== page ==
Black, white, kidney, broad beans or pinto beans – as there aremany different types of beans, their uses are just as varied. Whether in chili sin carne, in salads, wraps and burritos or as an antipasti on crostinis, as a warm puree or as a dip or something unusual but unusually tasty in chocolatey-sweet brownies – there are no limits to the imagination when cooking and baking vegan with beans.
Tofu can be marinated, grilled, fried and or baked; it can be processed whole or crumbled and in pureed form it is an ideal base for delicious sauces, smoothies and creams. Smoked or refined with tomatoes, olives or herbs, it is suitable cut as a topping on bread. The fact that tofu, which can be found in the form of sliceable variants up to silken tofu depending on the water content, takes on any flavor, making it suitable for many recipes – from spicy and hot to sweet.
There is a wide range of different nuts and kernels that are botanically not nuts, but are colloquially counted among them (examples: cashews, Brazil nuts, peanuts). They can all be used in a variety of ways and are suitable, for example, for making nut butter, vegetable milk and vegan “cheese variants”.
They are also great for a quick and healthy snack, either straight or seasoned.
It may not be as well known as tofu, but it is just as versatile. It’s is made from whole cooked and fermented soybeans that are formed into a firm, slightly nutty-tasting block. Like tofu, tempeh can take on any taste and can be grilled, deep-fried and baked. Tempeh goes well with noodle and vegetable dishes, on pizza and sandwiches. The form of production ensures a high protein and fiber content and the good bioavailability of proteins and minerals.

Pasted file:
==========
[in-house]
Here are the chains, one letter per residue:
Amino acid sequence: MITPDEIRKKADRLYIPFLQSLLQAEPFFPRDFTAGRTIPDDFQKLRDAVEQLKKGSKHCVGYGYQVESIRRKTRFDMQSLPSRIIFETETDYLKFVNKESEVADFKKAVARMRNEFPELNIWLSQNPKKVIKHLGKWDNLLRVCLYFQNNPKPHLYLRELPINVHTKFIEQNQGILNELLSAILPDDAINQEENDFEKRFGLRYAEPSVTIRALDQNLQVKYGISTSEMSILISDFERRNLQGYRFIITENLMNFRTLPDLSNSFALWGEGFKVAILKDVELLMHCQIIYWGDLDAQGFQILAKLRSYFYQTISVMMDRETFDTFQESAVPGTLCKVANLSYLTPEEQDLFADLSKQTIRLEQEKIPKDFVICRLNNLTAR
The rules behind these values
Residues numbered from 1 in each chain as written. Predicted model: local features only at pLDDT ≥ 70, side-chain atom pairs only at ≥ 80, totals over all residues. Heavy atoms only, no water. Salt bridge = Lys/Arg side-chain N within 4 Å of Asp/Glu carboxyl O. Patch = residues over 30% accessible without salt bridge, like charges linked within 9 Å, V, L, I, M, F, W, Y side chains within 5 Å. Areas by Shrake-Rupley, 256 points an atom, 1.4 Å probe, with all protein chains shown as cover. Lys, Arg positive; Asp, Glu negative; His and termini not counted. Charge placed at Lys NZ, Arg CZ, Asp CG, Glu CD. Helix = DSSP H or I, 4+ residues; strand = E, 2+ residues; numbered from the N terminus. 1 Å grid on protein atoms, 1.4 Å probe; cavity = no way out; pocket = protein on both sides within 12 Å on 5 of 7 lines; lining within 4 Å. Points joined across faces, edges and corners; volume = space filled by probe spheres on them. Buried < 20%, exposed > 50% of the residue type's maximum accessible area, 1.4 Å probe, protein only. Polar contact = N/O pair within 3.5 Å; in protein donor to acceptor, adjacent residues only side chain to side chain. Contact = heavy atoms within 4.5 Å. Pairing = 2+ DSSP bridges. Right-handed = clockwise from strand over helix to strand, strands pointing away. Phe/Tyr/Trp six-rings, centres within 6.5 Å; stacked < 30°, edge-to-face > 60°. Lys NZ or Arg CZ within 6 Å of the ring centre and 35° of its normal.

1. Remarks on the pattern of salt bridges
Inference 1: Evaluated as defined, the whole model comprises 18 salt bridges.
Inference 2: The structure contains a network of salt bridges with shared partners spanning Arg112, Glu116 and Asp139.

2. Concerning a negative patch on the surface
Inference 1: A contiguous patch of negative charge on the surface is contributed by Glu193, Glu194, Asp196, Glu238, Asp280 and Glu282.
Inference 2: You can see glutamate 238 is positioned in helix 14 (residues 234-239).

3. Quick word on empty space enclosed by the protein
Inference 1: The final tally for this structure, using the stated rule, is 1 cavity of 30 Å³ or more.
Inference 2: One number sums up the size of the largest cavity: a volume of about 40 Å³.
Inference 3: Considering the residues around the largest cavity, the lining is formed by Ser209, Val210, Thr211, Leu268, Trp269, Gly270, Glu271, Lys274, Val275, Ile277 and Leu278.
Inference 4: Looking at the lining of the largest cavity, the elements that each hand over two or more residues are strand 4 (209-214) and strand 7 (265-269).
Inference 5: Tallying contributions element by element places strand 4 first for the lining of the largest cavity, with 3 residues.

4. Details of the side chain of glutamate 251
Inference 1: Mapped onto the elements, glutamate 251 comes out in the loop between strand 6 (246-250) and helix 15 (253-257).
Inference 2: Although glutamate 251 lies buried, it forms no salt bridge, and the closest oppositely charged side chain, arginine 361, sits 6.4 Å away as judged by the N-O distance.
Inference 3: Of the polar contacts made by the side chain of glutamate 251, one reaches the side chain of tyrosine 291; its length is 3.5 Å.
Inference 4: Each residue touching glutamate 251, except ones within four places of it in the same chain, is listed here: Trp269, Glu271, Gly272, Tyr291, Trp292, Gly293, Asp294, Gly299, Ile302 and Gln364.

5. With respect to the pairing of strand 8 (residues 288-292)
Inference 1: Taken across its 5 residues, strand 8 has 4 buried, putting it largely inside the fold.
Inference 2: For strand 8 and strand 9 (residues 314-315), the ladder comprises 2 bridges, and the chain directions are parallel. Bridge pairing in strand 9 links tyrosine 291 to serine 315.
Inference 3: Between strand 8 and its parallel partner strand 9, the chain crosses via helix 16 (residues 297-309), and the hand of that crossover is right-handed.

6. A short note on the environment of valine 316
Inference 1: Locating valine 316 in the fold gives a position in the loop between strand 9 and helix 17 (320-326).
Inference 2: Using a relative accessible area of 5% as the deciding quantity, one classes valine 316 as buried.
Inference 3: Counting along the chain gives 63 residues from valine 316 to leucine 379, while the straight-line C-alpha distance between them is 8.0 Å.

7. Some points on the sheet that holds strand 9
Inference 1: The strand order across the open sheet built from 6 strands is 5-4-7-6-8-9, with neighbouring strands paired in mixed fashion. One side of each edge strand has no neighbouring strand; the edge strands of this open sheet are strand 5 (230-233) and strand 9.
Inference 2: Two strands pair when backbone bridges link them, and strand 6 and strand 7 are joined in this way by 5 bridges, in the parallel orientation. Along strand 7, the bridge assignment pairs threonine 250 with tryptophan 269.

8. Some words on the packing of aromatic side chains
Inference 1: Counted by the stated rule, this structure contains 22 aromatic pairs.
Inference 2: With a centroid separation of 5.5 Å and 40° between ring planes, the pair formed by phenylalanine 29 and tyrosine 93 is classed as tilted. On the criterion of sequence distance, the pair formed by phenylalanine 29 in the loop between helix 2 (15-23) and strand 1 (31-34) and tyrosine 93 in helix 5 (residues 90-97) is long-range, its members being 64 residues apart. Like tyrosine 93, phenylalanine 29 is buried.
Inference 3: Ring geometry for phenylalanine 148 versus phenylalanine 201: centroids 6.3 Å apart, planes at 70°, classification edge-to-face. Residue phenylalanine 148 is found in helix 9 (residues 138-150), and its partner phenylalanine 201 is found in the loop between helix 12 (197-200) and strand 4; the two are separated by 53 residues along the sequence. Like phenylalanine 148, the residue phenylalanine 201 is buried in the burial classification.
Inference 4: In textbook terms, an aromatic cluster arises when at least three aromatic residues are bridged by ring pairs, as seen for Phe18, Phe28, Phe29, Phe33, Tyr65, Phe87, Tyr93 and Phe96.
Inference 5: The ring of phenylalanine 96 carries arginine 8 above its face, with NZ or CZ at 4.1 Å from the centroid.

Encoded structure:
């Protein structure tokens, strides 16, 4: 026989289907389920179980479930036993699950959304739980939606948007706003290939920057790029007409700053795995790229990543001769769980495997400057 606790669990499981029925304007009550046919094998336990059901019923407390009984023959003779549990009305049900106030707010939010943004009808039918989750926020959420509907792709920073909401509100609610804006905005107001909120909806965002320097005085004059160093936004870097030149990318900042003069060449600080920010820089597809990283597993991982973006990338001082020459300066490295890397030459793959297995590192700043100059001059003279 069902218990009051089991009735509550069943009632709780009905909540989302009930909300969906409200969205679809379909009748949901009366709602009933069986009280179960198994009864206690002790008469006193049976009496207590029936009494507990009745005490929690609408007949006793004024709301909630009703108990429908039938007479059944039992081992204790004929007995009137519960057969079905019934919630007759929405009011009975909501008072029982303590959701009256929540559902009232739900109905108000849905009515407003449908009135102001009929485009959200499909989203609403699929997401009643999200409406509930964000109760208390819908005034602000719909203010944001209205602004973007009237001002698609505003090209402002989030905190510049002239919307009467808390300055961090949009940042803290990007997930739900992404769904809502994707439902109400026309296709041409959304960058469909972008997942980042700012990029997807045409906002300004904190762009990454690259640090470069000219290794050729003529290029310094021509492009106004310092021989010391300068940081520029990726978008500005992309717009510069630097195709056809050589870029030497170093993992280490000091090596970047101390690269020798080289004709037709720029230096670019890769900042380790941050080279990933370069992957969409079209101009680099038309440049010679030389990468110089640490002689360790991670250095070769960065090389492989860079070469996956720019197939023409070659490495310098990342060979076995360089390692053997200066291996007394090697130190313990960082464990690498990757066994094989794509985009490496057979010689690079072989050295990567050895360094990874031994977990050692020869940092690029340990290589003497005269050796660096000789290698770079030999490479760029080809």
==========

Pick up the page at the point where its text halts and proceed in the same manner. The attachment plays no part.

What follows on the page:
Chickpeas are very versatile legumes. They are characterized by a high proportion of the essential amino acid lysine. They go well with salads, wraps and stews. The mashed beans can be used to form patties and, when mixed with sesame paste, make hummus.
Low in calories, high in vitamins K and C, and a good source of protein. Steamed broccoli is good for pasta and stir-fry dishes, but also for salads. It goes well with soups both whole and pureed.
The amazing pseudo-grain quinoa can be used in a similar way to rice. Quinoa is suitable as a side dish, can be mixed with vegetables and is a good base for salads when cold. Quinoa can be used to form patties and it is also good in baked goods. The iron and folic acid-rich pseudo-grain can be a pleasure when prepared as a sweet.
These protein-rich legumes are also suitable for spontaneous people because of their shorter soaking and cooking times than beans or peas. Cooked lentils are also suitable cold for salads or patties and they are very popular in healthy fast food with a Mexican touch, such as tacos or burritos all of these dishes are great to get protein as a vegan.
Potatoes are usually associated with a high carbohydrate content. These tubers, which are relatively low in calories and rich in vitamin C, also contain proteins. The protein quality, i.e. its usability and its amino acid composition, is very high. The protein of the potato thus has a high biological value, much higher than that of other frequently consumed plants.
Grains are generally characterized by a good protein content, including oats. The oat flakes are a good base for any muesli or cereal porridge. The combination with protein-rich plant drinks also increases the biological value. You can also make a slightly nutty-tasting plant drink from oats themselves. Oat flakes also give patties and sweet baked goods the necessary bite. Oats are a necessity for every person that wants to get protein as a vegan.